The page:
POSTED Mon. Apr 4, 2016

Creative Culture

Local Music Love: The My Spilt Milk Awards
Cree McCree
Written by CREE MCCREE

New Orleans music is as deep and wide as the mighty Mississippi. And, just like old man river, it’s constantly changing course as it flows to the sea.

With 1,700 artists playing on 23 stages throughout the Quarter, French Quarter Fest (April 7-10) celebrates the extraordinary depth and breadth of the city’s music. But even that bounteous feast doesn’t tell the whole story.

Adventurous Fest-goers can explore the latest musical inlets and byways at the first annual My Spilt Milk Awards for New Orleans music, which honor the freshest sounds and visions of 2015 from newcomers and veterans alike.

Kicking FQF weekend off with a bang at The Howlin’ Wolf on Thursday, April 7, the awards are first and foremost a party.

Hosted by local comedy star Andrew Polk, the actual bestowing of trophies – glittered, customized My Spilt Milk cartons – will be punctuated by live performances throughout the night by nominees and other hot local artists.

AF the Naysayer’s funky psychedelic grooves set the stage for mini-sets from pop-rockers The Breton Sound, high-energy soulsters Tank and the Bangas (up for Mover of the Year), and the brass-meets-hip-hop beats of The Soul Rebels (up for Veteran of the Year).

Indie-rock futurists Rotary Downs (pictured above, via Facebook), who’ve been a step ahead of the curve since 2002, will also perform, and are receiving My Spilt Milk’s inaugural Carton of Honor for continuing to raise the bar.

“It’s a really cool representation of what’s going on right now,” says My Spilt Milk founder Alex Rawls, who launched his own digital musical platform in 2012 after a long stint as the editor of Offbeat. “The music is as broad as it’s ever been, from guys working mini-controllers and turntables to established acts doing new and surprising things.”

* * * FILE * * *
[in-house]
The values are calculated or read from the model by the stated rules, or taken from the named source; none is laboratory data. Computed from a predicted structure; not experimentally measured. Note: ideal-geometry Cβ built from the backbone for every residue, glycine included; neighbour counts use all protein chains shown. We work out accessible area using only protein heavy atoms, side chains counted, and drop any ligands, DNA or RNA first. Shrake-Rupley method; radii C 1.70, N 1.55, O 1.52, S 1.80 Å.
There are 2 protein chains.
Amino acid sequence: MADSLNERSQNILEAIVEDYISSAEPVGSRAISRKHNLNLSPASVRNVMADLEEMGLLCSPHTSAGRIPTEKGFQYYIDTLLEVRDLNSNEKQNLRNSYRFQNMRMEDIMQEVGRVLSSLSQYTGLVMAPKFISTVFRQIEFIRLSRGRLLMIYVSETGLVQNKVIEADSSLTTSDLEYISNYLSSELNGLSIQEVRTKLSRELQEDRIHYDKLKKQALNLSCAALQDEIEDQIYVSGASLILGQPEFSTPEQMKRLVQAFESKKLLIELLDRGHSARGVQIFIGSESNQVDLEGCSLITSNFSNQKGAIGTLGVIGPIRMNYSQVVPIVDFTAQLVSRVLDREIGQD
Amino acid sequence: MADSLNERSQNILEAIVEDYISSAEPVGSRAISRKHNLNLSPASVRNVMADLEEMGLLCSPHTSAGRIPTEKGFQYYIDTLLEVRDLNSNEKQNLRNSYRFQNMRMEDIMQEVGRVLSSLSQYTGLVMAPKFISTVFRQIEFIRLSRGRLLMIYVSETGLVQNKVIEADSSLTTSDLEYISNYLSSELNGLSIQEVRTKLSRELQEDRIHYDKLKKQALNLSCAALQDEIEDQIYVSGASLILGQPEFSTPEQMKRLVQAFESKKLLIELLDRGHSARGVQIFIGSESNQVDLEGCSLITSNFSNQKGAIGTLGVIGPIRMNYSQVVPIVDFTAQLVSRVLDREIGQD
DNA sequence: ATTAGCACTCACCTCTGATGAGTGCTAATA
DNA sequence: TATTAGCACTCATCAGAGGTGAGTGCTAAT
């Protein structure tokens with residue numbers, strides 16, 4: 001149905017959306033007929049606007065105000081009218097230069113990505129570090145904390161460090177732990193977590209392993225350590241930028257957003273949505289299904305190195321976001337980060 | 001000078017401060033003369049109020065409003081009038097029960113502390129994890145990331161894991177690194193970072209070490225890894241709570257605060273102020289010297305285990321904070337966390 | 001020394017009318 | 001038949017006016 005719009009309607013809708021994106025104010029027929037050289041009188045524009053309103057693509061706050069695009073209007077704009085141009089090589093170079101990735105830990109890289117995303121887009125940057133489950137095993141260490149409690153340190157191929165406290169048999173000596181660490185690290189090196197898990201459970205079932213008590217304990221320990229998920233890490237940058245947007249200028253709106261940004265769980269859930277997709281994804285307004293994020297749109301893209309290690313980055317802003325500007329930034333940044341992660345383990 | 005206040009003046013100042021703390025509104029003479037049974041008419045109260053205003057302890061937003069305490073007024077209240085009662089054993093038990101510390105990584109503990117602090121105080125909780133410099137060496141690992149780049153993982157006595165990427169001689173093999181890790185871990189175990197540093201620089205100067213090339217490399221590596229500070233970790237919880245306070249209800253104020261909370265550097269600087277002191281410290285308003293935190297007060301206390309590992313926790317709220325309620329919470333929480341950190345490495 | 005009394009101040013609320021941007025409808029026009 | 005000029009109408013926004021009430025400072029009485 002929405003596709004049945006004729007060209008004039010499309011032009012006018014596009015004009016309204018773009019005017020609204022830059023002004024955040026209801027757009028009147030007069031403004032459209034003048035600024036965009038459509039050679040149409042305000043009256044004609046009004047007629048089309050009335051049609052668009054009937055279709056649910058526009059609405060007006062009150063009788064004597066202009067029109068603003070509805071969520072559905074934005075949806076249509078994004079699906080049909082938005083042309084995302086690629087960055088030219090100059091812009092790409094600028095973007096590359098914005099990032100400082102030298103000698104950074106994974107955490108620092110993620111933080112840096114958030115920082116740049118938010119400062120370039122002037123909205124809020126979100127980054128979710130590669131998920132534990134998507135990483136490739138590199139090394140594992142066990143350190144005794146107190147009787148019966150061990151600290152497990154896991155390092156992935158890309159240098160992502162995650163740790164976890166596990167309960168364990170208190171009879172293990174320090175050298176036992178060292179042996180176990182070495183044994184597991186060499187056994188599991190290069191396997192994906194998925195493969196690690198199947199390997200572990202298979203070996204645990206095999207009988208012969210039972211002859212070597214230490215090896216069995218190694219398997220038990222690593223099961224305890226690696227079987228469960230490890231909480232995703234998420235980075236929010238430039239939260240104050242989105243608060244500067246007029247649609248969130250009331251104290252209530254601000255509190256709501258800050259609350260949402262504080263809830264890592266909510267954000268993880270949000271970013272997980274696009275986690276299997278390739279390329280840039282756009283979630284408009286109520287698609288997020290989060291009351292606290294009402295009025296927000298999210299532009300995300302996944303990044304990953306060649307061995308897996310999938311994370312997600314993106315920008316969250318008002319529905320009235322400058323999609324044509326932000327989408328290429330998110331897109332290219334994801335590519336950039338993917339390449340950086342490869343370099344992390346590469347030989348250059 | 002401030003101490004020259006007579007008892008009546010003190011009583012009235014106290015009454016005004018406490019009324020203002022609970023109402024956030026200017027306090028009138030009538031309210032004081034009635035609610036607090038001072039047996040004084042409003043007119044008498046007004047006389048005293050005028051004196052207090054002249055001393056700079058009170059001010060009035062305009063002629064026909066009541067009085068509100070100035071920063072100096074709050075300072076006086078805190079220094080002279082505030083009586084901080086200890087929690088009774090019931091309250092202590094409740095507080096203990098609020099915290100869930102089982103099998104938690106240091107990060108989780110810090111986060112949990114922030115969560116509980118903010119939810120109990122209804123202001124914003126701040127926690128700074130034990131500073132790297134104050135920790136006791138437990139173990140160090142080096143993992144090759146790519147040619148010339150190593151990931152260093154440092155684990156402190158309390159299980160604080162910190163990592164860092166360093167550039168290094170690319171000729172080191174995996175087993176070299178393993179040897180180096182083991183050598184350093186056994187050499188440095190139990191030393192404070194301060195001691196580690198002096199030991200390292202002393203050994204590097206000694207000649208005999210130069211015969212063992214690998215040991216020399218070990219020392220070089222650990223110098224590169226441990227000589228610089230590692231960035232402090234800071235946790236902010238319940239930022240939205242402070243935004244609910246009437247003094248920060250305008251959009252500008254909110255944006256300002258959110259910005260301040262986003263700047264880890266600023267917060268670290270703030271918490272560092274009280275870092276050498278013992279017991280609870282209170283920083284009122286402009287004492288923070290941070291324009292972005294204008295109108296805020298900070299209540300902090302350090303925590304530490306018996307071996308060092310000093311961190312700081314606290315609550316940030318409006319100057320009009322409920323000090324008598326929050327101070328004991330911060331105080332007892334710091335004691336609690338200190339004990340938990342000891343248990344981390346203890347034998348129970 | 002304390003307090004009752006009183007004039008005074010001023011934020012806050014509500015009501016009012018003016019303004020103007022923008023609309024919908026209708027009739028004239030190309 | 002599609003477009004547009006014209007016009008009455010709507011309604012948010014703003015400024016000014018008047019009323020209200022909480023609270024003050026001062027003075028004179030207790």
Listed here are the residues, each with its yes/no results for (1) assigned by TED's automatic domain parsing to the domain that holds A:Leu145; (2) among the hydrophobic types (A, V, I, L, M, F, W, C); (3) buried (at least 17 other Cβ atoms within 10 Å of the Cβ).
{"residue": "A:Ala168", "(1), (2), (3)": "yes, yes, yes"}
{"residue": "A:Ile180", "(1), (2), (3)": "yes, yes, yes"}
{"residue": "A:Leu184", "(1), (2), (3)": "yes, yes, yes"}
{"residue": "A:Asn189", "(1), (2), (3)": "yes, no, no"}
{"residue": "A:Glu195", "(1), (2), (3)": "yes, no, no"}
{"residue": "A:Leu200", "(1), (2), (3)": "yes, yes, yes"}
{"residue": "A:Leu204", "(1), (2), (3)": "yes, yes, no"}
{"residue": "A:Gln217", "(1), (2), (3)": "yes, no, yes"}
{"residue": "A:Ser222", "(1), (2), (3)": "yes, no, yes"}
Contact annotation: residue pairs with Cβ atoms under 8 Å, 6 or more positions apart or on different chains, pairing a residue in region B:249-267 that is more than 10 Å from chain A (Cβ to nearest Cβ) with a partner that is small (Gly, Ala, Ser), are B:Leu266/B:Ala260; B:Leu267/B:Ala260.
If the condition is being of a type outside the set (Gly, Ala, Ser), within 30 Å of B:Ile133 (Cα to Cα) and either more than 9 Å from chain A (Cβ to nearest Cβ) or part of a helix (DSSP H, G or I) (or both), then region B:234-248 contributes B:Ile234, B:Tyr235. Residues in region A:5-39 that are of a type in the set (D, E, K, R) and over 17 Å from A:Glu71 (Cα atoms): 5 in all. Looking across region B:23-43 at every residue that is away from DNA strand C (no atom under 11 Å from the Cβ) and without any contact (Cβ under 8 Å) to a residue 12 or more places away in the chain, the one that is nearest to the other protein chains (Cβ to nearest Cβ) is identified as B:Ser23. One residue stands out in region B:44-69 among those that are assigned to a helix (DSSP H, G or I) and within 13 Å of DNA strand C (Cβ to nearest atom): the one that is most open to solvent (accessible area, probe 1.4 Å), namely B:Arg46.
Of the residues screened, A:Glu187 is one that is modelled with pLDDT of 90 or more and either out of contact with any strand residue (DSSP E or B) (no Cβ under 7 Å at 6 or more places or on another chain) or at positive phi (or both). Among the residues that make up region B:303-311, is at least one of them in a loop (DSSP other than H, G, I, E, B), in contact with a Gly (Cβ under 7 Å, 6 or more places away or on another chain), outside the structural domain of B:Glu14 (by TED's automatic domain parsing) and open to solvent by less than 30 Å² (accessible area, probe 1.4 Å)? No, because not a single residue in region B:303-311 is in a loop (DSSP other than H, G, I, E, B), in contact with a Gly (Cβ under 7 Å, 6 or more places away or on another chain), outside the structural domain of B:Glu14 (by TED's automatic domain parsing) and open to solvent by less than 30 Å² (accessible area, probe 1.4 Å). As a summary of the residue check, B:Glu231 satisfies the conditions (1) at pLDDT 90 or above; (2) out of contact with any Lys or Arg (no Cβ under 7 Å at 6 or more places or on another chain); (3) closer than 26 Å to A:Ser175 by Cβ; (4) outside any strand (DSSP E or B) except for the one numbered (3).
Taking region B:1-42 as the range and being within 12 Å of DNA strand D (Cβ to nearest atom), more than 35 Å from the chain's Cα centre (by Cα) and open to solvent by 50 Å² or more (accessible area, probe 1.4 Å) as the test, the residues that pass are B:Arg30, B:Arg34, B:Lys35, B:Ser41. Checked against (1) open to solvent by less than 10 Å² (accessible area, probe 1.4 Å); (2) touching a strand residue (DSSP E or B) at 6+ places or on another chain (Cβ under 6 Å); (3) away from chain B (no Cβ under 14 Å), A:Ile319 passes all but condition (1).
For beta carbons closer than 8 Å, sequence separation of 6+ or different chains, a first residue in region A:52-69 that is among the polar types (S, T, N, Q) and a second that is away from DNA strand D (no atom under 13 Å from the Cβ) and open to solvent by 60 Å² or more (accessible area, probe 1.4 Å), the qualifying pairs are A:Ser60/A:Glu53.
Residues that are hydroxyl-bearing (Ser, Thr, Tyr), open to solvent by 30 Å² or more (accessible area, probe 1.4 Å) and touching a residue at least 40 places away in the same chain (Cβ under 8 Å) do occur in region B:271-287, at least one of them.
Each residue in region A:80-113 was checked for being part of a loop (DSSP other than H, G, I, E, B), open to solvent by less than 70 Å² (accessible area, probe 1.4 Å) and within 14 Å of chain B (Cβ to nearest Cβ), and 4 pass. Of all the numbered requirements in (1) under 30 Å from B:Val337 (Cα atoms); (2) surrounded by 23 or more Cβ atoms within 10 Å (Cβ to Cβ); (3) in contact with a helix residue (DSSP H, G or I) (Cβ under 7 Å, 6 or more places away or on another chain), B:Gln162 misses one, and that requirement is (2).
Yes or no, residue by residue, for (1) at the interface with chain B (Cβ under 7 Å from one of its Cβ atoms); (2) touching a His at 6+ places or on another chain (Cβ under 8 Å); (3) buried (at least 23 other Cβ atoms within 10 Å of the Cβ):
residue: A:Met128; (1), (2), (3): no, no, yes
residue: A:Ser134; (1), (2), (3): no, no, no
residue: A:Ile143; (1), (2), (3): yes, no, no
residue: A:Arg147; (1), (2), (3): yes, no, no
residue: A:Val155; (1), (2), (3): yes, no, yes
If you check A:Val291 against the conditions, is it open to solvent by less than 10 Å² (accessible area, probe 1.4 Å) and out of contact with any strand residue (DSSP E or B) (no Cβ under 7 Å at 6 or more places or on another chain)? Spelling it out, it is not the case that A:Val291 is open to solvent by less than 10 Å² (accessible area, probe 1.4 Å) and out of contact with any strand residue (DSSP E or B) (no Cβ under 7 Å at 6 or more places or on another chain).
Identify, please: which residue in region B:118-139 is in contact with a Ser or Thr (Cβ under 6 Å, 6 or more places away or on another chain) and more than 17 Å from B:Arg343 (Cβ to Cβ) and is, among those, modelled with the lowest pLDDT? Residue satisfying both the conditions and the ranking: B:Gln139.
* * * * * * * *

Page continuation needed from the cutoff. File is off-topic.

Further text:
Case in point: The world-renowned jazz trumpeter Terence Blanchard, who’s up for Vision of the Year. His latest release Breathless, named for Eric Garner’s infamous “I can’t breathe” cry, is an impassioned response to the racial unrest that gave birth to the #BlackLivesMatters movement.

“Terence Blanchard doesn’t have to go political,” says Rawls about the jazz icon, who’s won multiple Grammys during his decades-long career. “So for him to make Black Lives part of his work is pretty noteworthy. I’m all in.”

The ever-evolutionary Quintron, whose 2015 benchmark was using his Weather Warlock synthesizer to make music out of the elements at, is also up for the Vision crown, while rapper Dee-1 gets a nod for wearing his Christian faith on his sleeve “with really good hip-hop skills and a strong beat.”

Veteran of the Year pits recent Grammy winner Jon Cleary against The Soul Rebels and jazz trumpeter Christian Scott, who also had strong years in 2015. But rising stars and emerging artists dominate most of the other categories, which put a fresh spin on the usual awards practice of grouping musicians by genre.

“Dealing with awards at Offbeat was always a headache, trying to decide who fits where,” recalls Rawls. “So I knew I didn’t want to do genre-based awards. Focusing on 2015 made it easier: Who had a really good year? Certain people were omnipresent. But others merit notice as well.”

The hyper-talented Alexis Marceaux and Sam Craft achieved critical mass in 2015, and could walk away with two milk cartons. Sweet Crude, their drum-driven, bilingual Cajun French ensemble, is up for Mover of the Year, while their folk-pop duo Alexis and the Samurai is nominated for Rising Star.

Lesser-known artists like fuzz-rockers Woozy, up for Best Debut Album for Blistered, could also snag a coveted carton. And newcomer Boyfriend made a serious bid for “Attention” as Mover of the Year when she paced through her video in lingerie while rapping through a megaphone.

All in all, it’s an impressive field of candidates. Still, with just three nominees in eight categories, there are bound to be some oversights, even for a veteran music scenester with ears as sharp as Rawls.

“People always gripe about the choices,” says Rawls, who left blank spaces for write-in votes on the ballot, which includes a separate People’s Choice Award. “If you don’t like mine, give me yours! I’ve already received a lot of write-in votes, which could actually make a winner in one or two categories. I’d love to see a write-in candidate win!”

Find out who won at the My Spilt Milk Awards at 7 pm on Thursday, April 7, at The Howlin’ Wolf, 907 S. Peters St. Tickets, available from EventBrite, are $25 advance and $30 at the door.

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Creative Culture

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